After stints as the editor of three daily Arkansas newspapers over 46 years, I still would make a lousy national broadcast news director in 2018.
I was reminded just how bad in late October following the terrible mass killing where a deranged gunman killed 11 and injured six, including four police officers, at the Tree of Life synagogue in Pittsburgh.
This slaughter of innocents joins an already lengthy list of horrors committed by those whose elevator to reality rises no higher than their ground floor. What makes it even more regrettable is this won't be the last time we will learn of these kinds of terrible crimes.
Today's broadcast and cable news cycles run 24/7, screaming to be filled every minute. I believe that as a purveyor of news with an enormous staff of reporters to rely upon, I'd apply a dash of reason and context to how my imaginary broadcast operation would cover mass shootings and other tragedies.
For instance, since we live in a vast nation of 325 million people, my imaginary news would report such regional killings initially with as much information as available. At the same time, however, I'd expect reporters to continue supplying other relevant news of the day while breaking in with updates on the latest breaking news as additional facts are discovered. I would avoid repetitive speculations by all the chatty "experts," obviously used to kill time.
As radical as this may sound to some, I'd continue presenting the other significant news of the day, pausing for hourly updates for as long as necessary to report on valid developments. In short, I'd restructure the air time now devoted to predictable surmisings from talking heads, rambling commentary by news anchors, and constant repetition to other relevant issues.
In doing so, I'd give my audience a reason to rely on our channel to cover many other stories unfolding that day.
My theory is that while such a mass shooting in a house of worship is a major and tragic news event that must be adequately covered, it's also not one the entire nation necessarily wants to hear repeated at the expense of other coverage over two straight days. That's especially germane so near to a national election and with so much else newsworthy continually unfolding.
It wouldn't be as if my station wasn't keeping abreast of the latest news from the most recent shooting. I just wouldn't be treating this sad development as if it was the only day's event that matters to my diverse and widespread audience.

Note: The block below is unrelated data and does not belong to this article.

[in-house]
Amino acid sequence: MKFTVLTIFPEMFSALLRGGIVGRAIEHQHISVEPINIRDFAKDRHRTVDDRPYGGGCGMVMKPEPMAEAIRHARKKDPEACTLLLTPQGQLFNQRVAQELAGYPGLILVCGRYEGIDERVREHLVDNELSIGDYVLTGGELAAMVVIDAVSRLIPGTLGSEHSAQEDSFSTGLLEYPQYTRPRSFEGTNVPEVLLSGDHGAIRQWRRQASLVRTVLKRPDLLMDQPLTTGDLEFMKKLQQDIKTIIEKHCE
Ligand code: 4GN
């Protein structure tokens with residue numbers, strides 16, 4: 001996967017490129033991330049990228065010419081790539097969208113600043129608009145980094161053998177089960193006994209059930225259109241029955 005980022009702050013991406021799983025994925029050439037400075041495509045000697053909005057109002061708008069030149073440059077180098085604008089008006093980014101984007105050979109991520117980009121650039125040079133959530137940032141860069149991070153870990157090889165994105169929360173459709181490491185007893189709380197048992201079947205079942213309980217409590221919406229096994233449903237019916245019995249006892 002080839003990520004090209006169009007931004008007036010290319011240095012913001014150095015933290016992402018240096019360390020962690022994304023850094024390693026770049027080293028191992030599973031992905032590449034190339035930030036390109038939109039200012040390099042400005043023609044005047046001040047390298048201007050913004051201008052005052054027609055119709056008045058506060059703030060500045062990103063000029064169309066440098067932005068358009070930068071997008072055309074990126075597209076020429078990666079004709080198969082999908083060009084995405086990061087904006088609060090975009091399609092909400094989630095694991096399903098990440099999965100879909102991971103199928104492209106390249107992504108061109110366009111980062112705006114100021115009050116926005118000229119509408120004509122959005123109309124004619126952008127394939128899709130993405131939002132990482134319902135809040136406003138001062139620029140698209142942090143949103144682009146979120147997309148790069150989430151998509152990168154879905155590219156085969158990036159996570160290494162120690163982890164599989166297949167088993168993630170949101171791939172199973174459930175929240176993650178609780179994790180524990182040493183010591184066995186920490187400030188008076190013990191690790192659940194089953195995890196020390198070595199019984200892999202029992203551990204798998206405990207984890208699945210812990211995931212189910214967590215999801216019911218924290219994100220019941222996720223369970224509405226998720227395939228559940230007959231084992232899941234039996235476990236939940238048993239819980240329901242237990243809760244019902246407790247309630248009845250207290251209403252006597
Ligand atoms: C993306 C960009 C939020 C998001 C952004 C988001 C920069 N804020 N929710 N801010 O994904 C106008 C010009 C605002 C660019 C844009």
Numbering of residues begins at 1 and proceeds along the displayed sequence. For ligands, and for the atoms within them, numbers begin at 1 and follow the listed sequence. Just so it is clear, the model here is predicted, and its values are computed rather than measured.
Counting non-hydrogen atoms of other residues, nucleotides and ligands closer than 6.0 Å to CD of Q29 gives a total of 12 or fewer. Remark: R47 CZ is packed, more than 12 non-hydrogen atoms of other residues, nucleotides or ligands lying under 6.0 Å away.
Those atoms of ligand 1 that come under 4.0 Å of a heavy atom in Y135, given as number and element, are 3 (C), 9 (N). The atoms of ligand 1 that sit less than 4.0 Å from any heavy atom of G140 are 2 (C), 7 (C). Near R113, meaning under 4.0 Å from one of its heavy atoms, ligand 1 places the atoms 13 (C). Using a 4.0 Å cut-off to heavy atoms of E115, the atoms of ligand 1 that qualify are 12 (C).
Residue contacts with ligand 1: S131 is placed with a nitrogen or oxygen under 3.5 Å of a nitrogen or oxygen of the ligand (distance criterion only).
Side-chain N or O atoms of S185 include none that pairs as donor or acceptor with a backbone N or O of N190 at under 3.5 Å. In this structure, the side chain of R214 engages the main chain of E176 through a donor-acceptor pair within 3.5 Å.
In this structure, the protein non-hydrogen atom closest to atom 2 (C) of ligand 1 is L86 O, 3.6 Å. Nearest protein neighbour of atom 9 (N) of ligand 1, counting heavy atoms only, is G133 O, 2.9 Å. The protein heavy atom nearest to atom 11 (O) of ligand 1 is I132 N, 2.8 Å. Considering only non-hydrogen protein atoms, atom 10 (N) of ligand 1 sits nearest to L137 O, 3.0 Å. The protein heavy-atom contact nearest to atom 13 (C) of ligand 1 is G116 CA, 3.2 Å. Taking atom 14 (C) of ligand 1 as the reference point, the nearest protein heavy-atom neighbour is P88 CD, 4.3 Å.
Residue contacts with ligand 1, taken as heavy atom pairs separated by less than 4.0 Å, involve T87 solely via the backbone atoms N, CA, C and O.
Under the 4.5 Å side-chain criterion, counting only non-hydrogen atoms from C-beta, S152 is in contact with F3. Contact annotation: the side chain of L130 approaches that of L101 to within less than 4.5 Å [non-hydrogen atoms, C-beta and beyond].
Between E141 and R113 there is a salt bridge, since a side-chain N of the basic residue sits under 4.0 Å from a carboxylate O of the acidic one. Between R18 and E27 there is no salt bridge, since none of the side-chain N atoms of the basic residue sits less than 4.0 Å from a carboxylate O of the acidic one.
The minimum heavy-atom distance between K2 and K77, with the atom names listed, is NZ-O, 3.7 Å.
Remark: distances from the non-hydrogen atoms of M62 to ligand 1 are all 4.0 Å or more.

The shock and sensation of a mass murder provides obvious material to fill entire days if that's a national newscast's focus and intent. There is the familiar adage in this business: "If it bleeds it leads." Yet I'd also ask myself: "But wall-to-wall for two days?" And at what cost to a national audience seeking to remain widely informed, especially should they have an alternative channel available that continues to cover myriad issues along with the shooting.
Of course, listeners and viewers are free to shout, "Enough already!" and find relief in turning it off altogether. In fact, I did just that last week.
So there you have it, my friends, the detailed reason ol' Mike would make a terrible national TV or radio news director.
Well, wait, there is another aspect worth considering. I'd not be immediately airing egocentric blatherings from on-air personalities and contributors about possible motives behind any killer's murderous rampage.
There'd be no surmising until facts are known, regardless of what the competition might prematurely allege. Capitalizing on shock at such emotional times to push a desired political agenda nationally is as bad as so-called news reporting gets.
Someone asked the other day if I could define an algorithm.
The word keeps popping up in various references, including a method social media like Facebook use to make decisions.
So I went searching in hopes of clearing the fog that envelops the odd word. What I found were explanations that seemed, well, borderline nonsensical.
One definition: "An algorithm is a fancy to-do list for a computer. Algorithms take in zero or more inputs and give back one or more outputs. ... The words 'algorithm' and 'algorism' come from the name of a Persian mathematician called Al-Khwārizmī ... ."
"Zero or more inputs" and "one or more outputs" is as clear to me as a Fudgsicle.
So I sought something a bit more intelligible and discovered this explanation (Helpful suggestion: First take a big swig of coffee): "There is usually more than one way to solve a problem. There may be many different recipes to make a certain dish which looks different but ends up tasting the same when all is said and done. The same is true for algorithms. However, some of these ways will be better than others.
"If a recipe needs lots of complicated ingredients that you do not have, it is not as a good as a simple recipe. When we look at algorithms as a way of solving problems, often we want to know how long it would take a computer to solve the problem using a particular algorithm. When we write algorithms, we like our algorithm to take the least amount of time so that we can solve our problem as quickly as possible."
You following this? Still awake?
"In cooking, some recipes are more difficult to do than others, because they take more time to finish or have more things to keep track of. It is the same for algorithms, and algorithms are better when they are easier for the computer to do. The thing that measures the difficulty of an algorithm is called complexity."
Finally a word I understand and can agree with when it comes to explaining algorithms.
Mike Masterson is a longtime Arkansas journalist. Email him at firstname.lastname@example.org.
Editorial on 11/10/2018
Print Headline: MASTERSON ONLINE: A lousy news director